Variety Trials - 2007




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Project Leader and Principal  Investigators

James E. Hill,
UC Cooperative Extension Specialist, Dept. of Plant Sciences, UC Davis




Sixteen on-farm rice variety evaluation trials were conducted throughout the rice-growing regions of California in 2007 by UC Cooperative Extension in collaboration with public and private plant breeders. These trials perform an essential role in exposing standard, advanced, and preliminary varieties to a range of environments, cultural practices and disease levels.

Six similar tests were conducted at the Rice Experiment Station, two from each maturity group. Average yields across varieties and locations in the advanced-line tests ranged from 8,790 pounds/acre in the very early trials to about 9,540 pounds/acre in the early tests. In the intermediate-to-late test, the advanced lines yielded more than 8,170 pounds/acre.

Planting of the earliest rice fields was delayed a week to 10 days because of rain; however, the majority of rice acreage was planted in a timely manner. Statewide yields in 2007 averaged 8,220 pounds/acre on 533,000 harvested acres, according to USDA statistics.

Several advanced lines in 2007 produced high yields and showed improvement toward other important breeding goals, such as disease resistance and grain quality. Testing advanced and preliminary lines under a variety of conditions remains a critical aspect of releasing varieties adapted to changing cultural practices, markets, and pests.

A long-term rice cropping systems experiment on stand establishment continued for a fourth year at the Rice Experiment Station. Five different methods of stand establishment are being evaluated for weed control and fertility management. This work is described in more detail below and in the weed control section of this annual report.

Very Early Tests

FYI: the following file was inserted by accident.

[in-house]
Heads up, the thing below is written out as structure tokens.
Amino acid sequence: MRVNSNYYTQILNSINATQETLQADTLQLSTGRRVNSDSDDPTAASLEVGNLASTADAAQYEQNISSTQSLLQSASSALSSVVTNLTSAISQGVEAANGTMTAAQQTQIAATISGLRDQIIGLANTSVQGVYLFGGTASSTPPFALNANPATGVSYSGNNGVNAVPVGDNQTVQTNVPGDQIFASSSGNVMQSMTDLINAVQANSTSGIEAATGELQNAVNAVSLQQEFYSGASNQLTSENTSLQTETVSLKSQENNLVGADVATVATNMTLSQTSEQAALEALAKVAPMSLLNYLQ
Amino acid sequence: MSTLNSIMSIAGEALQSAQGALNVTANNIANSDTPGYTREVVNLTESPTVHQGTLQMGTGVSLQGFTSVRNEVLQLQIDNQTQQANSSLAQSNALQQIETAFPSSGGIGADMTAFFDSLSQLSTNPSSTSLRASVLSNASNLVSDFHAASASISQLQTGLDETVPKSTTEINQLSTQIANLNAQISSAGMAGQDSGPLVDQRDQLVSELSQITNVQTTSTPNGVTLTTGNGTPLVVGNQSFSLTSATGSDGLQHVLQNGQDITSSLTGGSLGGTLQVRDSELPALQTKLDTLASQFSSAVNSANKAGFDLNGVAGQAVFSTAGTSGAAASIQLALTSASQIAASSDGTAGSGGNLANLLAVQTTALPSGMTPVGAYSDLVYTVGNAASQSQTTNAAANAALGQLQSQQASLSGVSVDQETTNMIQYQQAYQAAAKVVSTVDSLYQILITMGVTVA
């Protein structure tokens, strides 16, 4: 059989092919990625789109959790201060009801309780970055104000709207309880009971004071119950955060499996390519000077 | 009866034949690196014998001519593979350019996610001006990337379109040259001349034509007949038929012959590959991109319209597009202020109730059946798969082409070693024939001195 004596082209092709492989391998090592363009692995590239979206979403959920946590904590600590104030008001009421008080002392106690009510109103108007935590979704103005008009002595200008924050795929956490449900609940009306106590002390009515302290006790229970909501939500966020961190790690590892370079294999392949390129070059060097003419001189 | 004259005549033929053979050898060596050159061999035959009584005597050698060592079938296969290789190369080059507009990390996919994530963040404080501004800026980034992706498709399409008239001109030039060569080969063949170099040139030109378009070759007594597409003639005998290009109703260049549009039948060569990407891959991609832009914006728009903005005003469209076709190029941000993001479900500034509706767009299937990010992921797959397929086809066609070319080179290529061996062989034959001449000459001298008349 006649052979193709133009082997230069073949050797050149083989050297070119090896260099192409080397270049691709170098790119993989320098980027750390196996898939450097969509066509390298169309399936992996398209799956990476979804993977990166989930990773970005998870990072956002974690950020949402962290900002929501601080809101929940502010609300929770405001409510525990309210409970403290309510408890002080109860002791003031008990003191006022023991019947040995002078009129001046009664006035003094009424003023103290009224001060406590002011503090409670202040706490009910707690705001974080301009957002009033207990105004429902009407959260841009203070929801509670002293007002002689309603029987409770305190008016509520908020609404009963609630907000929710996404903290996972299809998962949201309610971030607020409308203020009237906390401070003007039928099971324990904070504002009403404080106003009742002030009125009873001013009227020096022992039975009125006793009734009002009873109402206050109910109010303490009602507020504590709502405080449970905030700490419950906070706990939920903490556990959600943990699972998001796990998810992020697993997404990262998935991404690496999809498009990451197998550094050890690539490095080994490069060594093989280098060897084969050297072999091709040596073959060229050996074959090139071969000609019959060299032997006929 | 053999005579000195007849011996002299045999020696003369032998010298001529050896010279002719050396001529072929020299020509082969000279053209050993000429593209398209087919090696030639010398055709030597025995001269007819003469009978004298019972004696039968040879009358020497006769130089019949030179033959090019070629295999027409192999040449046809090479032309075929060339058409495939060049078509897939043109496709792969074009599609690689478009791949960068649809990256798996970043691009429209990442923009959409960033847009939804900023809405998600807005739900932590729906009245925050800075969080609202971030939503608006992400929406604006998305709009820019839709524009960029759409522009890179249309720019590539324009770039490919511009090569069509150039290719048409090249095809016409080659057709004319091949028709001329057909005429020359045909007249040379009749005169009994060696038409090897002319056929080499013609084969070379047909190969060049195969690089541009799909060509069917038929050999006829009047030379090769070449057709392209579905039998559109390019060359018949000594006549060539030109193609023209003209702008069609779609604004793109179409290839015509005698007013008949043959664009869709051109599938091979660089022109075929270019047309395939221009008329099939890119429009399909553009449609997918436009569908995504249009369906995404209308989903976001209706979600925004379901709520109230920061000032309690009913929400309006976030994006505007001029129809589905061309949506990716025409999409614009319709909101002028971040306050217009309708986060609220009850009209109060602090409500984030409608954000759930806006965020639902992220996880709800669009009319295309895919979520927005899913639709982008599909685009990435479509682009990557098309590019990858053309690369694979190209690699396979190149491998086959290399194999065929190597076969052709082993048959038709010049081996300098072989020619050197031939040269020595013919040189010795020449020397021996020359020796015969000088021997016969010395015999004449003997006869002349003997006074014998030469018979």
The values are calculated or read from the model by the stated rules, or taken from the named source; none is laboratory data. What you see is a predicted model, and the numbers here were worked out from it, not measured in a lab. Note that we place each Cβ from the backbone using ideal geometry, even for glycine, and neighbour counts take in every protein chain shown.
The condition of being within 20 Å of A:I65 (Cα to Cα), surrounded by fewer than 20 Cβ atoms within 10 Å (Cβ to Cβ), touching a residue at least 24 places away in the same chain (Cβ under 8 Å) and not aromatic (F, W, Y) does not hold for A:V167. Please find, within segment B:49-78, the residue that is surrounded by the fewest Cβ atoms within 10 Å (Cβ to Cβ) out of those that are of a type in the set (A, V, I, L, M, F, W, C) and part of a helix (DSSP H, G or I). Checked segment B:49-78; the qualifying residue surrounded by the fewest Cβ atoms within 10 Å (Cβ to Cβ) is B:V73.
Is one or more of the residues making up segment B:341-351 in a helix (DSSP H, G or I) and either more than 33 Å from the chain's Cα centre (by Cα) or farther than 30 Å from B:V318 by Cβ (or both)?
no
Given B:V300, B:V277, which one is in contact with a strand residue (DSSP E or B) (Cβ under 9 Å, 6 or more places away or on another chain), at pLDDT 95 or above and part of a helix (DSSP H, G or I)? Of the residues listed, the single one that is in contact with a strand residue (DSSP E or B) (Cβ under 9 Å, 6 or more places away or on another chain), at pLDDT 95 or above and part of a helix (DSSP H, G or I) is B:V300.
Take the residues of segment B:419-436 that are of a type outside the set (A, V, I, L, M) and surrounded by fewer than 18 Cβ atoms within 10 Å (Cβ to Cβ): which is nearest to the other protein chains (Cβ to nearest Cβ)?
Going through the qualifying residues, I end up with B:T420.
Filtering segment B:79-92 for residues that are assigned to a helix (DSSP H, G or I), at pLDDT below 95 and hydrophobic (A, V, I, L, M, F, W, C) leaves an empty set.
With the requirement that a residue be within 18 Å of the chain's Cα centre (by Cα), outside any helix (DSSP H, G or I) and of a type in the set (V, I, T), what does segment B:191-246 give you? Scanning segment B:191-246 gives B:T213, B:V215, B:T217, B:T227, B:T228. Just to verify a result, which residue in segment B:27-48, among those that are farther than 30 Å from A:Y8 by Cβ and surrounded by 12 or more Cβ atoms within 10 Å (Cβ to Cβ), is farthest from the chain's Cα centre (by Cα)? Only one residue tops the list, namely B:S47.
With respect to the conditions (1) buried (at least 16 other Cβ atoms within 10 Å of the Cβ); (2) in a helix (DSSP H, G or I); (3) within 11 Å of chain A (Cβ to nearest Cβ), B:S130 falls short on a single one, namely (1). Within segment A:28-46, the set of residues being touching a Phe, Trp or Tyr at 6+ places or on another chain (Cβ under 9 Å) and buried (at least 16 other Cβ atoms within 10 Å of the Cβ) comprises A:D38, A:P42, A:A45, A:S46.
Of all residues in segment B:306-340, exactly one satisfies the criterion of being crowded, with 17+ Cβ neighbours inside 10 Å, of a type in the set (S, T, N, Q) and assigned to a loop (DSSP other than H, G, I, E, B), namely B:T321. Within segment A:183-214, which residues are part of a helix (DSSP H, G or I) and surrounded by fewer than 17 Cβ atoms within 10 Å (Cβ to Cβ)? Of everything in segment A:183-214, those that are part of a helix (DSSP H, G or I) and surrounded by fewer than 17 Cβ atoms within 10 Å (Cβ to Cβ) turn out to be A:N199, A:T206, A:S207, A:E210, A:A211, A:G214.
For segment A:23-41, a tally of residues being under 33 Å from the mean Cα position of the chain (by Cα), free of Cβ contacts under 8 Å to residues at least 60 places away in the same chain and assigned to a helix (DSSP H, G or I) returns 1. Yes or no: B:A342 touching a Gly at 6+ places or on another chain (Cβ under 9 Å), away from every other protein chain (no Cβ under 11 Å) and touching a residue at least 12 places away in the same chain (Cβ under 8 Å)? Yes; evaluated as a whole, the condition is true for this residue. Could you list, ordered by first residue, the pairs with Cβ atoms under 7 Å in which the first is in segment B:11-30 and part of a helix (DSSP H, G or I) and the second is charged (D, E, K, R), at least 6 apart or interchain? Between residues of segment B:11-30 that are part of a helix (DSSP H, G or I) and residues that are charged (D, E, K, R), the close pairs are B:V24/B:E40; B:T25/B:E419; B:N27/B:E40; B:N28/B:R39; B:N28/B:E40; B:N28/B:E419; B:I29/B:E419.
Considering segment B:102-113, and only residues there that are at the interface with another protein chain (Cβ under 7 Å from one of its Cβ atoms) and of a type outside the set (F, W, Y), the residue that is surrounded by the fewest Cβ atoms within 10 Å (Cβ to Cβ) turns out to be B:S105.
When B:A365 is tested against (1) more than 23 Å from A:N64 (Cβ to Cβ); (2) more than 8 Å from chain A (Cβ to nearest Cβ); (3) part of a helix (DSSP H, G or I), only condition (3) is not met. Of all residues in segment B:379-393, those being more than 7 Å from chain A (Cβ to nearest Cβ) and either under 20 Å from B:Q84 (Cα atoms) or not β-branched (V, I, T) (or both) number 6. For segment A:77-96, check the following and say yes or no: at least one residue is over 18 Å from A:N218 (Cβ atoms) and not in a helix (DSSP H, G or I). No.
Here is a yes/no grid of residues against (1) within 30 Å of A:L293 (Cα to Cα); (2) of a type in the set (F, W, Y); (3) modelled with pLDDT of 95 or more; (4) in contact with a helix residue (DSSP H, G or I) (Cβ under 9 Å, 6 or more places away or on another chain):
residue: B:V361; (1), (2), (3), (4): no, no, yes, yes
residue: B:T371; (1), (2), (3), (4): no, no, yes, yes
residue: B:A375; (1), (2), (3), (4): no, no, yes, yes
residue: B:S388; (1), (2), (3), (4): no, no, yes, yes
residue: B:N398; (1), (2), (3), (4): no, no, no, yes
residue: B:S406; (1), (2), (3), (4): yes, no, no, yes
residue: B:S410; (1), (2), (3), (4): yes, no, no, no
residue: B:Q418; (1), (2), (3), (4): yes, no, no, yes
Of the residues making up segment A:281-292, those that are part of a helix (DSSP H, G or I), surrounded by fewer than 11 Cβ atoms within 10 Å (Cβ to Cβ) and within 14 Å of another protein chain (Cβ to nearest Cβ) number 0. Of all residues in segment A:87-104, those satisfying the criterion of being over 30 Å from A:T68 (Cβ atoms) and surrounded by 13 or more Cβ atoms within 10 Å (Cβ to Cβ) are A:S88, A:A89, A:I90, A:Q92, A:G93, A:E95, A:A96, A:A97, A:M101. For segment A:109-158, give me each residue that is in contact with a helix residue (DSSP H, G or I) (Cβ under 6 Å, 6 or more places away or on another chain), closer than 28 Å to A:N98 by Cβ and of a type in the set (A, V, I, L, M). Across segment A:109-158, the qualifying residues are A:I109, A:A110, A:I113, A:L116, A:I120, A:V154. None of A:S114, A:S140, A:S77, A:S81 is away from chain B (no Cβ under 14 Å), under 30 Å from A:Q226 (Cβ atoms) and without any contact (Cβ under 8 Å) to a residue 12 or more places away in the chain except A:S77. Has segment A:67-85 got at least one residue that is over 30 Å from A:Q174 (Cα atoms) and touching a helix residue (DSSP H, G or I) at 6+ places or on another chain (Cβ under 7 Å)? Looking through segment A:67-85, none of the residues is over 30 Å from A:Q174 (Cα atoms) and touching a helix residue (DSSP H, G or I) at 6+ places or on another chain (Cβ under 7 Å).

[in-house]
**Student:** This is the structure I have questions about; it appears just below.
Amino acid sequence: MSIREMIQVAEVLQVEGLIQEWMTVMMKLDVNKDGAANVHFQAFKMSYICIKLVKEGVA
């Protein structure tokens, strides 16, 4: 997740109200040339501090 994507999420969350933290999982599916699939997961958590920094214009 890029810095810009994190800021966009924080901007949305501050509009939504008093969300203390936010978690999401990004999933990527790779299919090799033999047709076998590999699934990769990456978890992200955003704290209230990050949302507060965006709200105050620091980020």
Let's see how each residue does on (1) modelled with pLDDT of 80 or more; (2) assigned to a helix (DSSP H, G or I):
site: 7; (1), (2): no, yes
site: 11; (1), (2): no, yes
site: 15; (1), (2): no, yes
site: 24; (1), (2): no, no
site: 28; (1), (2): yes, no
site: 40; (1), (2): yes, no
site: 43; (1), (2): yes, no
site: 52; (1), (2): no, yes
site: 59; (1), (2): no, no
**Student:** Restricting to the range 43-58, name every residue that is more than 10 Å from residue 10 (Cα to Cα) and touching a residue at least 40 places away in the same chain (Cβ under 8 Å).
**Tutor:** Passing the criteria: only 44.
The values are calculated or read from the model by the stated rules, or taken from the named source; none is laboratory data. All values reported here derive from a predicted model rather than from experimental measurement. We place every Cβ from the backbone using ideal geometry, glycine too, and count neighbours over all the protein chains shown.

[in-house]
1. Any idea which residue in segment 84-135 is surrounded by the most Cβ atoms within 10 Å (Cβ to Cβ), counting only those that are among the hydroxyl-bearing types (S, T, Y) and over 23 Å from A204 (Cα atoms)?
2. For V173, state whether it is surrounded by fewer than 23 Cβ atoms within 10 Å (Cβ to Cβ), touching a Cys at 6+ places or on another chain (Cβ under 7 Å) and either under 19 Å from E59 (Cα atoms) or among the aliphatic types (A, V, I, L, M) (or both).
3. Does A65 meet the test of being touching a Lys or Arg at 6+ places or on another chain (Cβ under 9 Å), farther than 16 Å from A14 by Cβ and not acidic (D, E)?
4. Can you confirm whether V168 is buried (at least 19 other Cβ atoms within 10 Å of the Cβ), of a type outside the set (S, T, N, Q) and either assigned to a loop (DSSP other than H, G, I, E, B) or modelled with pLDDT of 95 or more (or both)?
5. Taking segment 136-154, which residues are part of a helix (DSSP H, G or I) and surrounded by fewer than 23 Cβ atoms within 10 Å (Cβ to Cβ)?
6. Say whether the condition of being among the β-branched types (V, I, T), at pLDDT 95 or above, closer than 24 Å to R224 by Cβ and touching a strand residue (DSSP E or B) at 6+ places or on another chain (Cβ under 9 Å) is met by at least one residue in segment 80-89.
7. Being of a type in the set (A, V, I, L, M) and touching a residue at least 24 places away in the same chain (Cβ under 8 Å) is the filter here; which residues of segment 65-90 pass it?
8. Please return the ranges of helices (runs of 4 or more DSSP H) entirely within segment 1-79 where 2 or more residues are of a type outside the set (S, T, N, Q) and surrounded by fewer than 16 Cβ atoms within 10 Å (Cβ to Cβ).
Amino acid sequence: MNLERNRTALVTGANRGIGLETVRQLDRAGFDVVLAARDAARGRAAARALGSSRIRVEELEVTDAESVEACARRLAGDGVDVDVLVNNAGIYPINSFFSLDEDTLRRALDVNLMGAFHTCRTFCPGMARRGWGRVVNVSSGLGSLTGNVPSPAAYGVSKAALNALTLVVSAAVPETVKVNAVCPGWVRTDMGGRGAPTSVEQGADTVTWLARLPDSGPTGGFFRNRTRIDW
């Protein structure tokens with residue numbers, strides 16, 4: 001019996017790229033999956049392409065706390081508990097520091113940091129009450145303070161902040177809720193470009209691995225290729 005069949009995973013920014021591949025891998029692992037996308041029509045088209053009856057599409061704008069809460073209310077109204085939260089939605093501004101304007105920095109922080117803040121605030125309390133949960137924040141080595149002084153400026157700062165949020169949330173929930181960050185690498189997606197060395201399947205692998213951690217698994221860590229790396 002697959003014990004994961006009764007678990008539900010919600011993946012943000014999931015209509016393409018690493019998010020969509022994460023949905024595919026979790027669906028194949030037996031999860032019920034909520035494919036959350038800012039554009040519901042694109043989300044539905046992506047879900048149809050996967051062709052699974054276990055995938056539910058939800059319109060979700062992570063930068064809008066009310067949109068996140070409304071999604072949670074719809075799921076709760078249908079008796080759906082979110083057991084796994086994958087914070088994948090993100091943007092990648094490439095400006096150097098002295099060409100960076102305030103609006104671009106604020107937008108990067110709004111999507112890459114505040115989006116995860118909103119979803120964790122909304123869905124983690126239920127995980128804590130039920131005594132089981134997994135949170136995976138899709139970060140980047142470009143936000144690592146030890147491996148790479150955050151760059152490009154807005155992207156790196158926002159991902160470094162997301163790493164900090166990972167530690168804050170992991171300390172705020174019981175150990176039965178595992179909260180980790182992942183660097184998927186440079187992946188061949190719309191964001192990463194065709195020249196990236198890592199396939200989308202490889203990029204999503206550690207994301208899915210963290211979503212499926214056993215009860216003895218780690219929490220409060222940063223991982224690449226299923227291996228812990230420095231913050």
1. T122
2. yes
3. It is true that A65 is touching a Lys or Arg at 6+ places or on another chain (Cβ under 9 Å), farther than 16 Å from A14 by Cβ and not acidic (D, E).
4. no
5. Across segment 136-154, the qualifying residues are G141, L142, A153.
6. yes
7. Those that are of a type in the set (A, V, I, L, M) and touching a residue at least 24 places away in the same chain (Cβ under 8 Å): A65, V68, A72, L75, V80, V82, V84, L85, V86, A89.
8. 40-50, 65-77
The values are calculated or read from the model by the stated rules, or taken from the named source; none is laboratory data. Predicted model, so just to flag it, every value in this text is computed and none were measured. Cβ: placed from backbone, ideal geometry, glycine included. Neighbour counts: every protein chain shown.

Ten advanced breeding lines and seven commercial varieties were compared in four very early advanced-breeding tests. Additionally, 34 cultivar lines were tested in the preliminary trials at each location.

Grain yield in the advanced tests averaged 9,530 pounds/acres at RES, 10,660 pounds/acre at Sutter, 7,220 pounds/acre at Yolo, and 8,120 pounds/acre at San Joaquin. Over all locations, the highest-yielding entry on average was an advanced medium grain, 05-Y-724 at 9,920 pounds/acre, followed by S-102 and M-206 (9,830 and 9,750 pounds/acre, respectively). Top-yielding commercial varieties included L-206, M-104, CM-101 and M-202.

Days to 50 percent heading for most varieties in 2007 were two weeks to 17 days longer than in 2006, the result of moderate daytime and cooler night temperatures. This also reduced lodging. In spite of modest rain delays, most planting was completed in a timely manner.

Over a five-year period and across locations, S-102 continues to be the highest yielding very early variety, followed by M-206 at 9,396 pounds/acre and 9,111 pounds/acre respectively.

Early Tests

Ten advanced lines and eight commercial varieties were compared in four early tests. Preliminary tests included three commercial varieties and 33 preliminary lines evaluated in separate tests at each location.

Yields in the advanced lines averaged 8,420 pounds/acre at RES, 8,220 pounds/acre at Butte, 6,810 pounds/acre at Yuba, and 9,280 pounds/acre at Colusa. M-206 was the highest-yielding entry (8,850 pounds/acre) averaged over four locations in 2007. (Over-location yields were lower than expected in the early tests because of herbicide damage at the Yuba site.) Other consistently high-yielding entries included 99-Y-529, M-205, 03-Y-559, L-206, 01-Y-655, and 06-Y-333.

Days to 50 percent heading ranged from 85 days at RES to 92 days at the Yuba County test site. Commercial standard M-202 headed at 91 days at RES and 96 days at Yuba.

Over a five-year period and across locations, M-205 continues to be the highest yielding commercial variety at 9,235 pounds/acre, followed by M-204 at 8,944 pounds/acre.